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In the June 2019 issue, Stiftung Warentest and ADAC once again tested child car seats. Most models scored “good”. However, two child car seats were classified as “poor”. In addition, the test showed: hands off child seats that grow with all age groups.
Together with the ADAC, Stiftung Warentest has tested 31 child seats for newborns and for children up to 36 kg. These were tested for safety, operation, ergonomics and pollutant content. Some child car seats from previous tests have been optimised by the manufacturers and have therefore scored even better in the current tests.
Maxi-Cosi is test winner
Of 31 child seats tested, 23 scored “good”, three “satisfactory”, two “sufficient” and two “inadequate”. The test winner with the quality rating “very good” (1.5) is the Maxi-Cosi Jade 3wayFix by Dorel Juvenile. It received a very good rating in the accident safety category. In terms of handling and ergonomics, the Dorel child seat received a “good” rating. The Maxi-Cosi Jade 3wayFix scored “very good” in the pollutants category. The i-Size child seat is suitable for children up to a height of 105 cm.
With the Jade, Maxi-Cosi has for the first time launched a system for i-Size on the market in which newborns ride transversely to the direction of travel up to about the sixth month. The baby bath can also be used as a pram attachment. This is particularly safe, but takes up a lot of space.
The majority of child car seats have passed the test with “good”. Cybex Cloud Z i-Size (grade 1.7), Cybex Cloud Z i-Size + Base Z (grade 1.8), Cybex Sirona Z R i-Size + Base Z (grade 1.9) and the Cybex Sirona Z i-Size + Base Z (grade 2.1).
The following child car seats from the Maxi-Cosi brand scored “good”: Maxi-Cosi Pebble Pro (1.7), Maxi-Cosi Pebble Pro + 3wayFix (grade 1.8), Maxi-Cosi Pebble Pro + FamilyFix One (grade 1.8) and the Maxi-Cosi Pearl Pro i-Size + 3wayFix with a grade of 2.1.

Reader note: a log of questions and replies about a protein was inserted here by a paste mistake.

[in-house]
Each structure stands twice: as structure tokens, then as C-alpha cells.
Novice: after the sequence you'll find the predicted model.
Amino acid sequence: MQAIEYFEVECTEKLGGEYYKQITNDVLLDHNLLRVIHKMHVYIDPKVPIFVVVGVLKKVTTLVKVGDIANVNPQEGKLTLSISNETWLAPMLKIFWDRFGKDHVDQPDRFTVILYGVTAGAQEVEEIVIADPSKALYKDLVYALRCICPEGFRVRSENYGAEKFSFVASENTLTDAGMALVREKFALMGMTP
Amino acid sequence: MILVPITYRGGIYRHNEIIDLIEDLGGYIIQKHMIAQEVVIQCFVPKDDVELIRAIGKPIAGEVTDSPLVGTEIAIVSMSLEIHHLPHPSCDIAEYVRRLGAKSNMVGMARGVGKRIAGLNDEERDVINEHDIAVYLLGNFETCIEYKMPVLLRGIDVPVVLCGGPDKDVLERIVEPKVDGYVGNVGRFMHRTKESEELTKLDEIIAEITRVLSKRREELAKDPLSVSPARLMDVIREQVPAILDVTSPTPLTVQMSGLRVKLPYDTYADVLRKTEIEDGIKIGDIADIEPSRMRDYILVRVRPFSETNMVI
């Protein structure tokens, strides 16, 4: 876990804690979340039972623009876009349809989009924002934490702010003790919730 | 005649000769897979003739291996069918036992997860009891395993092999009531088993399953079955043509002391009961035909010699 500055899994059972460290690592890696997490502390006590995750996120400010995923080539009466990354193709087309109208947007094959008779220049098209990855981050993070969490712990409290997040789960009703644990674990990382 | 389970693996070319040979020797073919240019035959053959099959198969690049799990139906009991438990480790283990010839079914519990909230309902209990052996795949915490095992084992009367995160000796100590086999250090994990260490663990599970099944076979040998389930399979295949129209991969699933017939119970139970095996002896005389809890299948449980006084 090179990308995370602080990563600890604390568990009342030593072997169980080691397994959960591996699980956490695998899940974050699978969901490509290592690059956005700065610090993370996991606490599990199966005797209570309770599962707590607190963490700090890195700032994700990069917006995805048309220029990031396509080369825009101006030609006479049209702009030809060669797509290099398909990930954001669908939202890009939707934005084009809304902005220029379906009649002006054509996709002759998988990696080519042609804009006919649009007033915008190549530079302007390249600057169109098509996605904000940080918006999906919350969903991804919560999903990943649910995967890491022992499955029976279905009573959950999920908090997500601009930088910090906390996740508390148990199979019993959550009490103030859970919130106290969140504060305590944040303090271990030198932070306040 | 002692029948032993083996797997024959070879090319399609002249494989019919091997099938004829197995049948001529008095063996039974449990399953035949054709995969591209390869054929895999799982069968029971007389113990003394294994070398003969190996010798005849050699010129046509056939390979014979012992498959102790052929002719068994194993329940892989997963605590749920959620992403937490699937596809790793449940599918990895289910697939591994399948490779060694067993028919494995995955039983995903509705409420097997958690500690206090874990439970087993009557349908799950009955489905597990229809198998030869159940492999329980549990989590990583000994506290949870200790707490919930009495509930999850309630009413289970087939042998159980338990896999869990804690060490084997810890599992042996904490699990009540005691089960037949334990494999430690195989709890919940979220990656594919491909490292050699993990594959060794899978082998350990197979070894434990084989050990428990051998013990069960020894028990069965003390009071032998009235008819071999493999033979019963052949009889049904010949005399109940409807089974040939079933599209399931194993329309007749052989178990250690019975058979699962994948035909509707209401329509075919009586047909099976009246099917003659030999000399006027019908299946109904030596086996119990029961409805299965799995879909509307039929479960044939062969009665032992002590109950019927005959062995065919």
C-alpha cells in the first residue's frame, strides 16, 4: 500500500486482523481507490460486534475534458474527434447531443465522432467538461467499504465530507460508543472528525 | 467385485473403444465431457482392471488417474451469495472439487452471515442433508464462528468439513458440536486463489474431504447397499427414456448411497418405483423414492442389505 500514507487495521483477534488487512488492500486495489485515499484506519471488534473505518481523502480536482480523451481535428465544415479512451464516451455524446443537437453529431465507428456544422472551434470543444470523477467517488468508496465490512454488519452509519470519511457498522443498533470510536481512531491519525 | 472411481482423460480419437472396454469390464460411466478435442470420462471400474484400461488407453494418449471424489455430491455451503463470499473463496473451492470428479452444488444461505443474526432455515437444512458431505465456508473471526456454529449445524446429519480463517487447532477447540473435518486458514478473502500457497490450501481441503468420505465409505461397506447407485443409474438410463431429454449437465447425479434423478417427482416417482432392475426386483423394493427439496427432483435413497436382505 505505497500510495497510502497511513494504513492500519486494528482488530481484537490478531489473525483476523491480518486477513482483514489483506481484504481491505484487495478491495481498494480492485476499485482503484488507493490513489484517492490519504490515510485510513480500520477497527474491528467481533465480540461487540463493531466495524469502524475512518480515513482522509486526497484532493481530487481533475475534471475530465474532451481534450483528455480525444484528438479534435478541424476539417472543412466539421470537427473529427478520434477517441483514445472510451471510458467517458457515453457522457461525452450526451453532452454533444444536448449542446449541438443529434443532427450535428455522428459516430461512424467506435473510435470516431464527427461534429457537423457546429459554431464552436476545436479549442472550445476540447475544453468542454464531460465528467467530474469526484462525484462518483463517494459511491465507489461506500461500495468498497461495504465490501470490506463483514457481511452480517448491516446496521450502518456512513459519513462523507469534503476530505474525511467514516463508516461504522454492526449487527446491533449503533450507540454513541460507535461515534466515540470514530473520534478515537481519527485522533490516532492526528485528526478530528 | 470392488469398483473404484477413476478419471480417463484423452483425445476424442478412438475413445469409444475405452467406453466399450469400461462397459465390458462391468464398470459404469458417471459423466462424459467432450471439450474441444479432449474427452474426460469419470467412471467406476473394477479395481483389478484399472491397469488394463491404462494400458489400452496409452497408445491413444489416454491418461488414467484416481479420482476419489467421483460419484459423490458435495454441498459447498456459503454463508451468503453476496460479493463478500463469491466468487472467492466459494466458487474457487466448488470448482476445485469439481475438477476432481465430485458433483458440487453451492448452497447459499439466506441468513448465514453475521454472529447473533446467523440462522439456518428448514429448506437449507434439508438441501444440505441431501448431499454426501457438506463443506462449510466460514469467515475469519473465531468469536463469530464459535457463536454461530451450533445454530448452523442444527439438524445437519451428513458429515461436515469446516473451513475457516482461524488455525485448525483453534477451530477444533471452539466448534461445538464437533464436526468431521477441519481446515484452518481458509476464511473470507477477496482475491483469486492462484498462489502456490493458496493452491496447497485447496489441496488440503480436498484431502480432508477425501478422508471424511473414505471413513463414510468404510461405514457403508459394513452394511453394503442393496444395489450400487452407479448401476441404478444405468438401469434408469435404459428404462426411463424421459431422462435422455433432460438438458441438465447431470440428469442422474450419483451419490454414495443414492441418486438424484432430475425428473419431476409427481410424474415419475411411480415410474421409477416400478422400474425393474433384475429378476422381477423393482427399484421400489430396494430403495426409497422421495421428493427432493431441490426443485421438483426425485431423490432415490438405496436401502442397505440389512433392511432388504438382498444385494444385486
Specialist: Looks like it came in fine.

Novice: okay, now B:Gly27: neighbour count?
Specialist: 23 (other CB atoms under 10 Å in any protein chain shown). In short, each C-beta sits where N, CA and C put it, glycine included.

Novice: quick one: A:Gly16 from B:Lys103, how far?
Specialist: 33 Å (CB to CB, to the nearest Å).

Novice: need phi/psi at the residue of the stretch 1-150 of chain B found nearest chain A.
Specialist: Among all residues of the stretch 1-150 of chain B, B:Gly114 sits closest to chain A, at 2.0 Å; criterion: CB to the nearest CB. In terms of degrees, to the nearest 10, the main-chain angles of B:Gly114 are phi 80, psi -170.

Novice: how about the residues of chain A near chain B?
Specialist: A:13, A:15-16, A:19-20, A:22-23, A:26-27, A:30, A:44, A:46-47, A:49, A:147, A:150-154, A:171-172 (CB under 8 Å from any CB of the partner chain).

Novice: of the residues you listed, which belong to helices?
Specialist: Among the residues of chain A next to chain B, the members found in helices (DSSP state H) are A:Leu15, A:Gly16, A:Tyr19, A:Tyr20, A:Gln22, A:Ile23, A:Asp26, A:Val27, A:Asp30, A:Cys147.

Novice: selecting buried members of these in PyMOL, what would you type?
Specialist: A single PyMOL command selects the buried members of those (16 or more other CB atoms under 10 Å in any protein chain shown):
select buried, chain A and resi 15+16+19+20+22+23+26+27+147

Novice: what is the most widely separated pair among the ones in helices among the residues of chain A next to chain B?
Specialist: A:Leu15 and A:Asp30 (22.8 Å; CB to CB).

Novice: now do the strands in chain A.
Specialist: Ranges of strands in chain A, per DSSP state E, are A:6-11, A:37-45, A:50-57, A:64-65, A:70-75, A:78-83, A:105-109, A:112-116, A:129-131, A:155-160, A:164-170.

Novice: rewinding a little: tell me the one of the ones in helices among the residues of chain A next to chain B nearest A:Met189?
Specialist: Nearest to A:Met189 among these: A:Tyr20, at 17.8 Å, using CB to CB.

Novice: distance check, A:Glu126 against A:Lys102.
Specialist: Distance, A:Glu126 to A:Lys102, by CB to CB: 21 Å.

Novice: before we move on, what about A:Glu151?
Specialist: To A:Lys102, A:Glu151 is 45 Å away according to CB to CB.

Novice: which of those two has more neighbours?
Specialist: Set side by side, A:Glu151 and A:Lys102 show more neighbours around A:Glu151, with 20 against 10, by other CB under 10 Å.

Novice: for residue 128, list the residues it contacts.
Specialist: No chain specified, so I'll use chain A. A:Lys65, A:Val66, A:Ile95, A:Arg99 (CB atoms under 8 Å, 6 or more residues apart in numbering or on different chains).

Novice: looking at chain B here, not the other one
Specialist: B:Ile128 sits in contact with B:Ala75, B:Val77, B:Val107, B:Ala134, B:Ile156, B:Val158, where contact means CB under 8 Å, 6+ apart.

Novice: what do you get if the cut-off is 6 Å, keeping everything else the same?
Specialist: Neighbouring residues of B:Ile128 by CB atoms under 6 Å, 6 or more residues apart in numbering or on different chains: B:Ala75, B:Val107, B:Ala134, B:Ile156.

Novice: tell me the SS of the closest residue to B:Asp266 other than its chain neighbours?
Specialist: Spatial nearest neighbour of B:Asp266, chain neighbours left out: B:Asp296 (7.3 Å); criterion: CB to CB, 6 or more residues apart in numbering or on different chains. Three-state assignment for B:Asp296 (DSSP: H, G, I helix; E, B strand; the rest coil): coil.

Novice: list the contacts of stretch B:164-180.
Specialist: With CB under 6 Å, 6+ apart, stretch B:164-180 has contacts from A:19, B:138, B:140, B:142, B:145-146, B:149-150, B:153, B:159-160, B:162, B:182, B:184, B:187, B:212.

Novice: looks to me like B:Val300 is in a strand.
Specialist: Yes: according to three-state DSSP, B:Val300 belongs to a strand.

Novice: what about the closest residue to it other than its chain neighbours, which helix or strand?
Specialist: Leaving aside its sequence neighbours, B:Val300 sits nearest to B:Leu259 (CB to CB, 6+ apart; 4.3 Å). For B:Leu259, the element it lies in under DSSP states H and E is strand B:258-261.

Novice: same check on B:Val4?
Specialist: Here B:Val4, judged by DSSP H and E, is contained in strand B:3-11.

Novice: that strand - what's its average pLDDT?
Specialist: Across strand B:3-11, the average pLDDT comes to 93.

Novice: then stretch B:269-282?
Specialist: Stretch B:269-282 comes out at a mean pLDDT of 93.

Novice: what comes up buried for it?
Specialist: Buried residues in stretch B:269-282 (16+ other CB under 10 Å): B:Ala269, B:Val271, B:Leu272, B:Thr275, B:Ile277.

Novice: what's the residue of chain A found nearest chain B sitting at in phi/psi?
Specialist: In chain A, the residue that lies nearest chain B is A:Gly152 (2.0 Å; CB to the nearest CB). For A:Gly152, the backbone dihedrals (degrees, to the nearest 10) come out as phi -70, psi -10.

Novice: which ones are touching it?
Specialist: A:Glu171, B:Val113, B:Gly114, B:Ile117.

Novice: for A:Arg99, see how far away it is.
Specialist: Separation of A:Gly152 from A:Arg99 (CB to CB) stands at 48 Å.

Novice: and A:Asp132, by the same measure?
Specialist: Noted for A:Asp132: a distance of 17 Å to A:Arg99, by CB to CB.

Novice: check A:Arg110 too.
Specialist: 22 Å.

The regulations for child car seats
Until 2013, the EU divided child car seats into weight classes according to the standard. For example, according to the ECE R 44 standard, manufacturers must specify the ranges for children’s body weight. This was followed by the stricter i-size standard. This stands for a classification according to body size. Since then, the side impact test has been mandatory. For children up to the age of 15 months, it should be ensured that they are transported in the child car seat against the direction of travel. Both standards are currently still valid. However, the old regulation is to be replaced by the i-Size standard in the long term.
Child car seat that grows with the child does not perform well
The tested child seat, which should grow with the child from birth up to 36 kilograms and thus be suitable for all age groups, did poorly in the test. The examiners found that there was an “increased risk of injury in a frontal crash”. The accident safety and the overall assessment of the child car seat growing with the child were only sufficient.
Alarm system for child seats
A new function is designed to prevent parents from forgetting their little ones in the car. A contact mat below the seat or a sensor in the belt monitors whether the child is sitting in the belt or not. A warning tone sounds on the smartphone when the parents move away from the child seat while the child is still in the seat, with the Bluetooth connection forming the safety zone. Only when the Bluetooth range has been exceeded does a signal sound. The system will be mandatory in Italy from summer 2019. In Germany the alarm system is offered optionally in the child seats of the mark Chicco and Cybex. In addition, other manufacturers also offer sets for retrofitting.
Child car seat of the future
Henry Görlitz, project manager at Stiftung Warentest, draws attention to problem areas in the car seat industry: “What is really missing is a system that discreetly warns parents when the children unbuckle. A child that frees itself from the harness belt is the best thing for parents. Görlitz takes a positive view of the future: “I believe that in the future the seats will show even better whether they are correctly installed. And in our experience, seats and cars should be better coordinated. Car manufacturers could get even more involved in this.”
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Link: Stiftung Warentest has tested child car seats.